Drumlins are hills with characteristic steep sides which, when you pass its summit, becomes more gentle. There has been considerable debate about the formation of these drumlins but what seems to be the most commonly accepted argument is that they formed from glaciers that became laden with eroded material. When the glacier became overladen, this slowed down its progress and as a result material or till was deposited. Apart from the deposition of material, the sheer presence of glaciers may have helped redefine the shape of the landscape. The valleys between these drumlins, all be it quite small, are poorly drained, often producing quite a marshy area with distinct rush vegetation. When looking at an Ordnance Survey map of the area, it is clear that these hills or drumlins are a common sight.
The area also contains quite a few archaeological remains including raths and mottes but also contains the remains of our industrial heritage of yesteryear in the form of Red Brick Mills and their chimneys along the River Main. The patterns of roads in this area is also reflected in the presence of these drumlins because they have to wind their way around these features.
The Moyle Moorlands and Forests
The Moyle Moorlands and Forests comprise part of the Antrim Coast and Glens Area of Outstanding Natural Beauty. This designation is a major indication of the sensitivity and environmental importance of this area. The area is also rich in archaeology containing features such as chambered graves, standing stones and old-field patterns. Due to the openness and fragility of this upland landscape, it will be very sensitive to change.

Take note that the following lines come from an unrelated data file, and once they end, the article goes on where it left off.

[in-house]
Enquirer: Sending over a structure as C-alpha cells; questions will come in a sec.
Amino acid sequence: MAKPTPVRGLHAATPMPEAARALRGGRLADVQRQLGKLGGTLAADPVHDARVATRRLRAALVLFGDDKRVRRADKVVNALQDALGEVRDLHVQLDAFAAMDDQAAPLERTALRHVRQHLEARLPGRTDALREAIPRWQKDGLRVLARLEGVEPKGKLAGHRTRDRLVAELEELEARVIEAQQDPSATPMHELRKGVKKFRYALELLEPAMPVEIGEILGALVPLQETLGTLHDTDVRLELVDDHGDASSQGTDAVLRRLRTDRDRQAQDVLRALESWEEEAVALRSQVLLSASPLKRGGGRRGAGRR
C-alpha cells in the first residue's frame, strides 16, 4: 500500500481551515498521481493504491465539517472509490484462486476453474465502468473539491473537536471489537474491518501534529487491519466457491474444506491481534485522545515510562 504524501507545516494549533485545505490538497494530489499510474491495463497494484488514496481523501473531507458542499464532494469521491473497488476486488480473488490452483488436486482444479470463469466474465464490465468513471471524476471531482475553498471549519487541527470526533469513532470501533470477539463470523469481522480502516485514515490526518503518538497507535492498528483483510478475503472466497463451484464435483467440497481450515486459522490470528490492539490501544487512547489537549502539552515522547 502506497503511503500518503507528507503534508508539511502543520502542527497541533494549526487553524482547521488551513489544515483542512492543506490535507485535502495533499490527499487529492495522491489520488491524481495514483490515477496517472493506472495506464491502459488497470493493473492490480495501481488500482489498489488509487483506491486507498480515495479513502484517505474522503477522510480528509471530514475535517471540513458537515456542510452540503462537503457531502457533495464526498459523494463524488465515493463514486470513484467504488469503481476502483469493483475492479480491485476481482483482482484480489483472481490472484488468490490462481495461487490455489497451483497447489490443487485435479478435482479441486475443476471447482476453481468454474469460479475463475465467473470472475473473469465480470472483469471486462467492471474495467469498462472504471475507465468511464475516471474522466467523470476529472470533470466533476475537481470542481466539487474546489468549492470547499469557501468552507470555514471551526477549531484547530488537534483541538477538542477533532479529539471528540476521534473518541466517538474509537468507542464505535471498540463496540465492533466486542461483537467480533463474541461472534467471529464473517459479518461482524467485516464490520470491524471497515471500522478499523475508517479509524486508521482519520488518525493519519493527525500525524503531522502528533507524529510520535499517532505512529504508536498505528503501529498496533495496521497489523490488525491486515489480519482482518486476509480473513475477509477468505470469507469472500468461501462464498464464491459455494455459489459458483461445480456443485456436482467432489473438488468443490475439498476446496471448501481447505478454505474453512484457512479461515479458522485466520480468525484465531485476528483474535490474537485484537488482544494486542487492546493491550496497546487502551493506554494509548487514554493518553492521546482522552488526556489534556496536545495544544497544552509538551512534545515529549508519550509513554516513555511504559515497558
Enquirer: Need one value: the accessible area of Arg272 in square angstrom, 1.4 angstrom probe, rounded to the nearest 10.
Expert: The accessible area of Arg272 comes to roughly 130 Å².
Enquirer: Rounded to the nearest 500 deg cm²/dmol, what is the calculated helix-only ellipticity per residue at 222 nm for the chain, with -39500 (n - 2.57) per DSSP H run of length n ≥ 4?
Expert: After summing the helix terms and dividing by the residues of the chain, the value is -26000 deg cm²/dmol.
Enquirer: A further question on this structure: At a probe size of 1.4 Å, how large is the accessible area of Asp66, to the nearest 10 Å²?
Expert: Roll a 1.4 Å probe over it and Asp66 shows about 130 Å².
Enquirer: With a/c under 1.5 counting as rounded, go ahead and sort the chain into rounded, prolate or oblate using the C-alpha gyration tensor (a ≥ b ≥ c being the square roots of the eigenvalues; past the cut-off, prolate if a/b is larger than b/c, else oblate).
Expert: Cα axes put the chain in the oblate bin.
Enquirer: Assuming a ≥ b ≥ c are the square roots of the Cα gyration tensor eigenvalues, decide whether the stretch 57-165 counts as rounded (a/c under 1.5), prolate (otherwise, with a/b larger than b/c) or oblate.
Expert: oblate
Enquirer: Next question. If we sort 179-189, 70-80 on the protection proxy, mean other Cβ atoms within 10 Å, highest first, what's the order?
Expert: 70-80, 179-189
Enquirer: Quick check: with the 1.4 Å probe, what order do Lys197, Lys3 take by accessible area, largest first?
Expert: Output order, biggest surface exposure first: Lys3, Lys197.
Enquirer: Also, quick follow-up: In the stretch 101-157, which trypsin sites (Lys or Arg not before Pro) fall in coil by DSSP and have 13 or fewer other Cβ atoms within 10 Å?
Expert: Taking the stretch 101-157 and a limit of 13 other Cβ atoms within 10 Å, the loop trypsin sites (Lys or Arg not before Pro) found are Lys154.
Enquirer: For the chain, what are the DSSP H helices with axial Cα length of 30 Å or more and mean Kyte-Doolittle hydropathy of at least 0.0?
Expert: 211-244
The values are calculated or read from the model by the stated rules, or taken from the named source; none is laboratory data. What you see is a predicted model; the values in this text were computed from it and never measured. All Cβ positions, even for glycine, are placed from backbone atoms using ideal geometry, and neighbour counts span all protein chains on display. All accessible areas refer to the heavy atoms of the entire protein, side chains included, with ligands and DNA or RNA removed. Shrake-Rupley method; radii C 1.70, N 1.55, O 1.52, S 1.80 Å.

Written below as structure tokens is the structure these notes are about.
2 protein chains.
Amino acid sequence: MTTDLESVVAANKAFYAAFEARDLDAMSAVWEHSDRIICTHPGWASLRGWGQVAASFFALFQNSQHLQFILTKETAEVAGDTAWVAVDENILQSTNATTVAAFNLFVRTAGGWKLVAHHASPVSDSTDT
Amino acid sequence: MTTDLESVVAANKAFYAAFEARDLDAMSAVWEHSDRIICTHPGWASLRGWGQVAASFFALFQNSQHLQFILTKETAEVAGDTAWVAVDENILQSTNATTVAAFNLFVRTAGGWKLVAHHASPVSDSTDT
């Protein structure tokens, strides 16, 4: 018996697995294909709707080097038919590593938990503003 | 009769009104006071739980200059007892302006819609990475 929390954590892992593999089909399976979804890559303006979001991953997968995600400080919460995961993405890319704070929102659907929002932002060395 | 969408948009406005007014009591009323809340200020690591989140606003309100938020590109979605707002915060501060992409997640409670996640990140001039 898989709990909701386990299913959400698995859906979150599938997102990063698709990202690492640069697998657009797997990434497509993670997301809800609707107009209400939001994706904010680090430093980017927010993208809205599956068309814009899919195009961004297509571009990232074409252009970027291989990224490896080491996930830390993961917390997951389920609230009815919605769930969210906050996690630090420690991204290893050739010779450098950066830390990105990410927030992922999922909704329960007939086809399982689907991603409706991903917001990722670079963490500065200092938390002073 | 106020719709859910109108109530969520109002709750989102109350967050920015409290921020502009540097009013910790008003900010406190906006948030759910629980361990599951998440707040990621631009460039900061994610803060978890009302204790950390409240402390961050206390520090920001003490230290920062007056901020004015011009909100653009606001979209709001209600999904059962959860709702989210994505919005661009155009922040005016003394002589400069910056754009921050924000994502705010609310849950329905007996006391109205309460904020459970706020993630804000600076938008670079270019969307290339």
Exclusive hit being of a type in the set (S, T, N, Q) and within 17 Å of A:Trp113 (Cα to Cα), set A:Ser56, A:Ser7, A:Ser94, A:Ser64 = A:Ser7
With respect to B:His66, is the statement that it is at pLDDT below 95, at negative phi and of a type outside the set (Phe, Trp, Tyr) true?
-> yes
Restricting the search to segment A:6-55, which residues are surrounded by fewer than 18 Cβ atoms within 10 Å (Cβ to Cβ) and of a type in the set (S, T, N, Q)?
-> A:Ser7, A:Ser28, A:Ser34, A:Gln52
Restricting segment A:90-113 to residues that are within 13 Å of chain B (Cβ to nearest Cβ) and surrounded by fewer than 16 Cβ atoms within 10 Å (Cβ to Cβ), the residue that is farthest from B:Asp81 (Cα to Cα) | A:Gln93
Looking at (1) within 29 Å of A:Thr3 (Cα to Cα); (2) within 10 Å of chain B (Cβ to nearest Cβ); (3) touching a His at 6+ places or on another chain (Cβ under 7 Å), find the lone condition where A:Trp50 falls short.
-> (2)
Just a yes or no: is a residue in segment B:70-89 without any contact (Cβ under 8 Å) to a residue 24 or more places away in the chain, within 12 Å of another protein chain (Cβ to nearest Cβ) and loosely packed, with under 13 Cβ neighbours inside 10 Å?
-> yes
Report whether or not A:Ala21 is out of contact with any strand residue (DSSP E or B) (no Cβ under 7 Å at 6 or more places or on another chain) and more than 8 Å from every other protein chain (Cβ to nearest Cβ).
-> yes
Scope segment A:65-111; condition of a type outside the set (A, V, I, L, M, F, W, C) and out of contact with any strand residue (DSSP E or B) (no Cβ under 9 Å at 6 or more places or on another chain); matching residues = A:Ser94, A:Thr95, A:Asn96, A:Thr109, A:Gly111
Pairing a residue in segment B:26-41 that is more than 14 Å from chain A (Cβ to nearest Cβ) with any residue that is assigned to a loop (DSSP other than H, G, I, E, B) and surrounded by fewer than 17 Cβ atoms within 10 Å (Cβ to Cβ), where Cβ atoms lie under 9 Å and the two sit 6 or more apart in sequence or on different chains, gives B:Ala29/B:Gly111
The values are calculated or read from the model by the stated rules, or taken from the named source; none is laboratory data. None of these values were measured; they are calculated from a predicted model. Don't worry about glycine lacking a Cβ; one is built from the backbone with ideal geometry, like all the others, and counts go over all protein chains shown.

The Borough also contains many areas of ecological importance mainly the Garry Bog, a raised bog, located to the north of Ballymoney town and to the west of the River Bush. Unfortunately due to the pressures of agriculture and peat extraction, many of our lowland raised bogs are disappearing. In fact in Northern Ireland, we only have approximately 10% of our raised bogs left – (for further information click on www.ipcc.ie).
Peat bogs contain some very unique plants and animals ranging from insect eating plants such as the Sundew plant to smooth newts, which are specially protected. In fact Garry Bog was found to have a rare species of moss called Sphagnum pulchrum. Peat bogs are also important breeding grounds for Damsel and Dragonflies and are an important habitat for Irish Hares and Curlews – two distinct species whose numbers have declined to dangerously low levels. However the Environment and Heritage Service have recently developed Species Action Plans to help preserve existing numbers of both species – (for further information click on www.ehsni.gov.uk)